Investigating the effectiveness of simulated virtual laboratory environments in teaching Physics in compulsory education
Aristotle University of Thessaloniki, Greece
Supervising committee: Dimitrios Psillos, Evripides Hatzikraniotis, Dimitrios Hasapis
The present thesis aims at exploring the effects that virtual laboratory environments can have when they are utilized in a teaching-by-inquiry intervention in the field of electric circuits by examining multiple aspects of teaching efficiency when virtual laboratory environments of various kinds are used: real laboratories, 3-D virtual laboratory environments with affordances like the modelspace which bridges virtual circuits with the corresponding circuit schematics, 3-D virtual laboratory environments without the modelspace and virtual laboratories in the form of functional schematic applets. Three teaching sequences are developed and applied to High School student classes in the same way (same instructional method and material) differing only in the electric circuit laboratories used. Special characteristics have been incorporated into the teaching sequences so that teaching effectiveness is maximized by design. Teaching effectiveness is assessed by comparing the students’ scores before and after the teaching interventions and through students’ responses in personal interviews. Multiple aspects of teaching effectivenss are examined: among classes are compared the students’ conceptual evolution, the students’ ability to construct real circuits, the students’ ability to transform circuits from one representation to another (real, virtual, schematic) and the students’ ability to design and perform experiments with electric circuits.
Within the context of a teaching-by-inquiry approach, all classes demonstrate a significant improvement in all cases researched and most of them achieve similar scores, indicating that all laboratory environments can be effectively utilized in teaching in a similar way. Differences in the students’ scores are recorded in two cases. It seems that teaching with the use of real equipment is advantageous over using any form of virtual laboratories, when special handling abilities are required in setting up a real circuit. Also, teaching with the use of virtual laboratory environments with affordances which support creating connections between the 3-D virtual representation and the schematic representation (modelspace) provides students with an advantage over using either real or virtual laboratories without affordanes bridging the real or virtual world to models, when faced with problems of increased difficulty and transforming an electric circuit from one form to another.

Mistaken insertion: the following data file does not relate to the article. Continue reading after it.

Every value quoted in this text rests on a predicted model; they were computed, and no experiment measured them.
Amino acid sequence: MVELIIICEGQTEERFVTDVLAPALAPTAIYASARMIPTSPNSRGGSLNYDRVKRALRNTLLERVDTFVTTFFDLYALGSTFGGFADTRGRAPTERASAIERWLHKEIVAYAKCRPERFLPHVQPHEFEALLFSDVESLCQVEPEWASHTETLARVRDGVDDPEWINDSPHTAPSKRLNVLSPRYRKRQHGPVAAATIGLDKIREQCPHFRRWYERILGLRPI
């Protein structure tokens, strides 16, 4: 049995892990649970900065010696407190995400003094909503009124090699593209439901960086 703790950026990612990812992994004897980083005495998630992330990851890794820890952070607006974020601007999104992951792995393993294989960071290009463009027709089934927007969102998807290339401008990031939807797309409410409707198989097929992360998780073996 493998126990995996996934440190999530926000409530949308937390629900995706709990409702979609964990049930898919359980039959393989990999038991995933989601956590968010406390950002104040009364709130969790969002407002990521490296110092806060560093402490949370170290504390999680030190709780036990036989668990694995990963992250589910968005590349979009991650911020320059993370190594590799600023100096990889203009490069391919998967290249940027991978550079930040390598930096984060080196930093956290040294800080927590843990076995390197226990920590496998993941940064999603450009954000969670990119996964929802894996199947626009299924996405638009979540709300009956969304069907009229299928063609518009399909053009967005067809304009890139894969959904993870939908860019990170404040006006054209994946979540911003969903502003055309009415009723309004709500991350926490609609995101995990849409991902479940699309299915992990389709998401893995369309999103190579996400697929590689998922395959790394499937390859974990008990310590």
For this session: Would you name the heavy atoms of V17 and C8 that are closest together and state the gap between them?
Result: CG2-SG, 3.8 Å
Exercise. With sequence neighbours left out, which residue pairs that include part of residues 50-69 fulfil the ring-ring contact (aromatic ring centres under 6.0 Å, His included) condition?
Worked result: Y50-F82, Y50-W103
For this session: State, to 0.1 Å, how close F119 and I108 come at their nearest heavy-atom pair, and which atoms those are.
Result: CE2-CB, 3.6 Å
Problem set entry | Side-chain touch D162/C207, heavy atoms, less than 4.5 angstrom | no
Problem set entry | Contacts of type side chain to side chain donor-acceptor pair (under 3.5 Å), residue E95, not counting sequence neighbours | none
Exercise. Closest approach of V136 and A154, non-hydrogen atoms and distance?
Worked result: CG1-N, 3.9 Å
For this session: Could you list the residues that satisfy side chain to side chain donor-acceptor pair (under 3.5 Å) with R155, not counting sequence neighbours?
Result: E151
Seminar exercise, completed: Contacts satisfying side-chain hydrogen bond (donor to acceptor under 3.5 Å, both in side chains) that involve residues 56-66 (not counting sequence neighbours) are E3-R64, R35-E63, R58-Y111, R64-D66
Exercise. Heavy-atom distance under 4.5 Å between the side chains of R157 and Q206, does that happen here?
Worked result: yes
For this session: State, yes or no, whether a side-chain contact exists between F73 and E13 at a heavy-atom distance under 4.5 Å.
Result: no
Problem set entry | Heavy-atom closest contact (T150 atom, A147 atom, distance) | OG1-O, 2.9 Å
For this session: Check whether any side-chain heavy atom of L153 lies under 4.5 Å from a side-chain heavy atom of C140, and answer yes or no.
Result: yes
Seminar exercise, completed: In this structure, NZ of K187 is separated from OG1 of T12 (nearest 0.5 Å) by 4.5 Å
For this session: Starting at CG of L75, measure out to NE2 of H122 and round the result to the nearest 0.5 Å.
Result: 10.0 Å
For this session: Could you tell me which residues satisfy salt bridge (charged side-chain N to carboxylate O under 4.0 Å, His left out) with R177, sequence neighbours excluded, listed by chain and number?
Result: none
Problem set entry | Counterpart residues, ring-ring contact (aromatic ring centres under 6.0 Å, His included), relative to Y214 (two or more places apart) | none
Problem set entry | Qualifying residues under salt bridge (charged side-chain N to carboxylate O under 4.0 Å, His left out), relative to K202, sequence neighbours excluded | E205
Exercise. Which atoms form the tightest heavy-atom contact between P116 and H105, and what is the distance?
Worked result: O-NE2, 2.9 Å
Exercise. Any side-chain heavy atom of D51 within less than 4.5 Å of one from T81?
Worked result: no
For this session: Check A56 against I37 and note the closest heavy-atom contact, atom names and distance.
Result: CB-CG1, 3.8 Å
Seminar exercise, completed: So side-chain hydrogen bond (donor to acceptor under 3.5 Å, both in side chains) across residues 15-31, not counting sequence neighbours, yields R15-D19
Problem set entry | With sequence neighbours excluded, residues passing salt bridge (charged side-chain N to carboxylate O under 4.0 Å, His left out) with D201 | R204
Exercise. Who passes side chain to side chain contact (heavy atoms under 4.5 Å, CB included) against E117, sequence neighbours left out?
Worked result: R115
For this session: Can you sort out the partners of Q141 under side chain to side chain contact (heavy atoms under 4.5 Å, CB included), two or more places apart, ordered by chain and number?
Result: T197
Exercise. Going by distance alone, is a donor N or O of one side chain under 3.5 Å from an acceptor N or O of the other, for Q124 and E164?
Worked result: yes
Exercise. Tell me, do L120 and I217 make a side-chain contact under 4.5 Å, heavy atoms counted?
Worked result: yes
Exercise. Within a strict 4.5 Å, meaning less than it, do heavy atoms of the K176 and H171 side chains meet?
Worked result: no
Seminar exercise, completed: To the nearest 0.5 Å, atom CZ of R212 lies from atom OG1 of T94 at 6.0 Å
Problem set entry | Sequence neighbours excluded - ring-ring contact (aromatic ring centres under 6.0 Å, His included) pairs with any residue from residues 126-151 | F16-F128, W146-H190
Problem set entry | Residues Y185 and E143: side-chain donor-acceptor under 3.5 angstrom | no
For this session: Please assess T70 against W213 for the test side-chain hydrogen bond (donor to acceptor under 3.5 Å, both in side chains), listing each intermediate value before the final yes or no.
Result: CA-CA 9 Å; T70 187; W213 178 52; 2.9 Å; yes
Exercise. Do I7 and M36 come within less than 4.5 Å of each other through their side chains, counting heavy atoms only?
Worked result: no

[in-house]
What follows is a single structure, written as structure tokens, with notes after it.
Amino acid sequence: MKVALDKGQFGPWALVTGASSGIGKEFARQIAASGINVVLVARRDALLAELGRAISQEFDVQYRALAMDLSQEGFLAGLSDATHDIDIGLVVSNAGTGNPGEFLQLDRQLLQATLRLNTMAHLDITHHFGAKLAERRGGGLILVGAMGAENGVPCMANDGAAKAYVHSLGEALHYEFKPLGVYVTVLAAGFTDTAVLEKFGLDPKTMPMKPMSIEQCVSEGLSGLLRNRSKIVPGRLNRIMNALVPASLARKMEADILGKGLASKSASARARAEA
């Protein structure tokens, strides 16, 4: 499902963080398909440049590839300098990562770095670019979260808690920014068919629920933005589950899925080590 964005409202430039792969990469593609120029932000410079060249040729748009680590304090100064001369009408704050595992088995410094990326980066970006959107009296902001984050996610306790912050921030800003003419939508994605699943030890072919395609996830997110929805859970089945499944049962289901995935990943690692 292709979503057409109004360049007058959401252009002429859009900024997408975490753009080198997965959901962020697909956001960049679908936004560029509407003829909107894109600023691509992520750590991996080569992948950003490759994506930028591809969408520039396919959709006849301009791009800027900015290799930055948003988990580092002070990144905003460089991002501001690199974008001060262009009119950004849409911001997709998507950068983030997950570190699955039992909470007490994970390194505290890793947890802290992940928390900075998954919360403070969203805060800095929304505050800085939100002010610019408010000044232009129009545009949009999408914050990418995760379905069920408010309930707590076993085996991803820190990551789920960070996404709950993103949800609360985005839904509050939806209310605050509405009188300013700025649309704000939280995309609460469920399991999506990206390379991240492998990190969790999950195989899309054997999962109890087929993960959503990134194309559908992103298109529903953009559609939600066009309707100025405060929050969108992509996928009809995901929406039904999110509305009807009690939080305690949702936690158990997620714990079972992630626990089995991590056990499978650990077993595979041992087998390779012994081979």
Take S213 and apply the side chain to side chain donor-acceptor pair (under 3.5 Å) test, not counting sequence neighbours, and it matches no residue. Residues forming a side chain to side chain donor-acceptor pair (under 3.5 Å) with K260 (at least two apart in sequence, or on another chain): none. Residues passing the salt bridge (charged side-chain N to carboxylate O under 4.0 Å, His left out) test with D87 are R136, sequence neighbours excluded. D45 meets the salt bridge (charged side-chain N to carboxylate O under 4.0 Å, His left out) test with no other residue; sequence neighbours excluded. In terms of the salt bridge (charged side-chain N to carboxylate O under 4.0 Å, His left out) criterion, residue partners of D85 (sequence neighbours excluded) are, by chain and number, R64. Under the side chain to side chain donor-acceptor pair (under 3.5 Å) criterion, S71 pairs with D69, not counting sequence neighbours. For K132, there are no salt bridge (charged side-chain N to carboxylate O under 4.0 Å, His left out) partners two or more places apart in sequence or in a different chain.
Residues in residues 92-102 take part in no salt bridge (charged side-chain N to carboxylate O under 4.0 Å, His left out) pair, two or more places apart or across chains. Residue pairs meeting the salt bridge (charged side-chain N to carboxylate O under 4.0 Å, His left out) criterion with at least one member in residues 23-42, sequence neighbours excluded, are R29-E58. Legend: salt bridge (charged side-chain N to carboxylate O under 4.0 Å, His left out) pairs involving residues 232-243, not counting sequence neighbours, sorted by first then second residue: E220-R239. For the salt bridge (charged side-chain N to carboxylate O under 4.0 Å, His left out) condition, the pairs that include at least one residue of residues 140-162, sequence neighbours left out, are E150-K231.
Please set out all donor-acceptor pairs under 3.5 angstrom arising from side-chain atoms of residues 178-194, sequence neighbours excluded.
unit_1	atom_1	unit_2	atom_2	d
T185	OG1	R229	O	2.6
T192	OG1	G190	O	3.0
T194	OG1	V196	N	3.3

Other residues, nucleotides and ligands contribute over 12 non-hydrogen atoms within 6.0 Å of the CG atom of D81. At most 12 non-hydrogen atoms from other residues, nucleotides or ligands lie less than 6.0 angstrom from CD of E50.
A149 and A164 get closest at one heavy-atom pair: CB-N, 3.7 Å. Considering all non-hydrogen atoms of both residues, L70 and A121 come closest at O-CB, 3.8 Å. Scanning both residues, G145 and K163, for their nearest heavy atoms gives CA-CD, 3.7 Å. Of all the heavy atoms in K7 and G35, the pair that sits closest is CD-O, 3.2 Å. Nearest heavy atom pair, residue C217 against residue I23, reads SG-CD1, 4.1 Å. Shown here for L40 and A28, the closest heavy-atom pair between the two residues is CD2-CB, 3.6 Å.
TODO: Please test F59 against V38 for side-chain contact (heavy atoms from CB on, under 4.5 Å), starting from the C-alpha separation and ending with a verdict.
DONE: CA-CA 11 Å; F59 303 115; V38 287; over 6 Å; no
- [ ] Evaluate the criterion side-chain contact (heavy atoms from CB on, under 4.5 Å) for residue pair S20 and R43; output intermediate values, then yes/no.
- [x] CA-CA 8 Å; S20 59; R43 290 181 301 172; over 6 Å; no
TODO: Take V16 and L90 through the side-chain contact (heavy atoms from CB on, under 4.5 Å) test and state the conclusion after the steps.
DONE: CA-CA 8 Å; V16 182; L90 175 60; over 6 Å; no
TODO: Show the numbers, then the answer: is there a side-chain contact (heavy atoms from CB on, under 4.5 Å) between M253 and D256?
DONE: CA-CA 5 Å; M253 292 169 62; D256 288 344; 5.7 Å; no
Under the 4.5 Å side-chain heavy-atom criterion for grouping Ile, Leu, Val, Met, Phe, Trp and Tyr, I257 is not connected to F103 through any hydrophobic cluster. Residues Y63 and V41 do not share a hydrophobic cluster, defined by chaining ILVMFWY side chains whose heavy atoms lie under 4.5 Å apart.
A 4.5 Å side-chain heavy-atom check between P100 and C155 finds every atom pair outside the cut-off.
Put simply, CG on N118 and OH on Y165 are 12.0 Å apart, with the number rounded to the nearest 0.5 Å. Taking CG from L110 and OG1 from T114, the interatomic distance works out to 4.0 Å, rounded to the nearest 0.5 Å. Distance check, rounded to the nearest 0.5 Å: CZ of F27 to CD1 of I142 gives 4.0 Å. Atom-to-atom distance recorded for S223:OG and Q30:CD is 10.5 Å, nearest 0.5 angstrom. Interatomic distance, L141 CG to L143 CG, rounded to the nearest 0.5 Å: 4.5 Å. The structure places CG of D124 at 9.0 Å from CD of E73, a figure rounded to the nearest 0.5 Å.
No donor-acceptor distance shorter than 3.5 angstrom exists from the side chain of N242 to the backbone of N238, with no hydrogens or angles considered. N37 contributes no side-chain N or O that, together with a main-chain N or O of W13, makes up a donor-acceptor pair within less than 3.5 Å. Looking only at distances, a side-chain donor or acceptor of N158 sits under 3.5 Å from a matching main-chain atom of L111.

Through the comparisons reported, the current study contributes to the assessment of various characteristics of laboratory environments, the improvement of their design and their effective utilization in teaching-by-inquiry activities. The Greek curriculum of physical sciences in compulsory education aims among others in the incorporation of I.C.T. in education and therefore the results of the present study present educational as well as research interest.
Keywords: virtual laboratories, teaching physics, electric circuits, conceptual evolution, experiment design
Related publication list
Taramopoulos A., Psillos D., Hatzikraniotis E., 2011, “Teaching by inquiry electric circuits in virtual and real laboratory environments”, in A. Jimoyiannis (ed.) “Research on e-learning and ICT in Education: Technological, Pedagogical and Instructional Issues”, pp. 209-222, Springer, New York.
Taramopoulos A., Psillos D., Hatzikraniotis E., 2011, , “Designing virtual experiments in electric circuits by high school students”, 9th International Conference of the European Science Education Research Association (ESERA), Lyon, France, 5-9 Sep. 2011.
Taramopoulos A., Psillos D., 2012, “Raising the level of understanding through the use of dynamically linked concrete and abstract representations in virtual laboratory environments in electric circuits”, accepted for presentation in the 13th International Conference of the European Science Education Research Association (ESERA), Nicosia, Cyprus, 2-7 Sep. 2013.
Taramopoulos A., Psillos D., 2012, “How do virtual laboratory environments affect students’ ability to transform electric circuits from one representatipon to another?”, under review.
Thesis full reference:
Taramopoulos A., (2012). Investigating the effectiveness of simulated virtual laboratory environments in teaching Physics in compulsory education. Unpublished Ph.D. thesis. Department of Education, Aristotle University of Thessaloniki, Thessaloniki, Greece.
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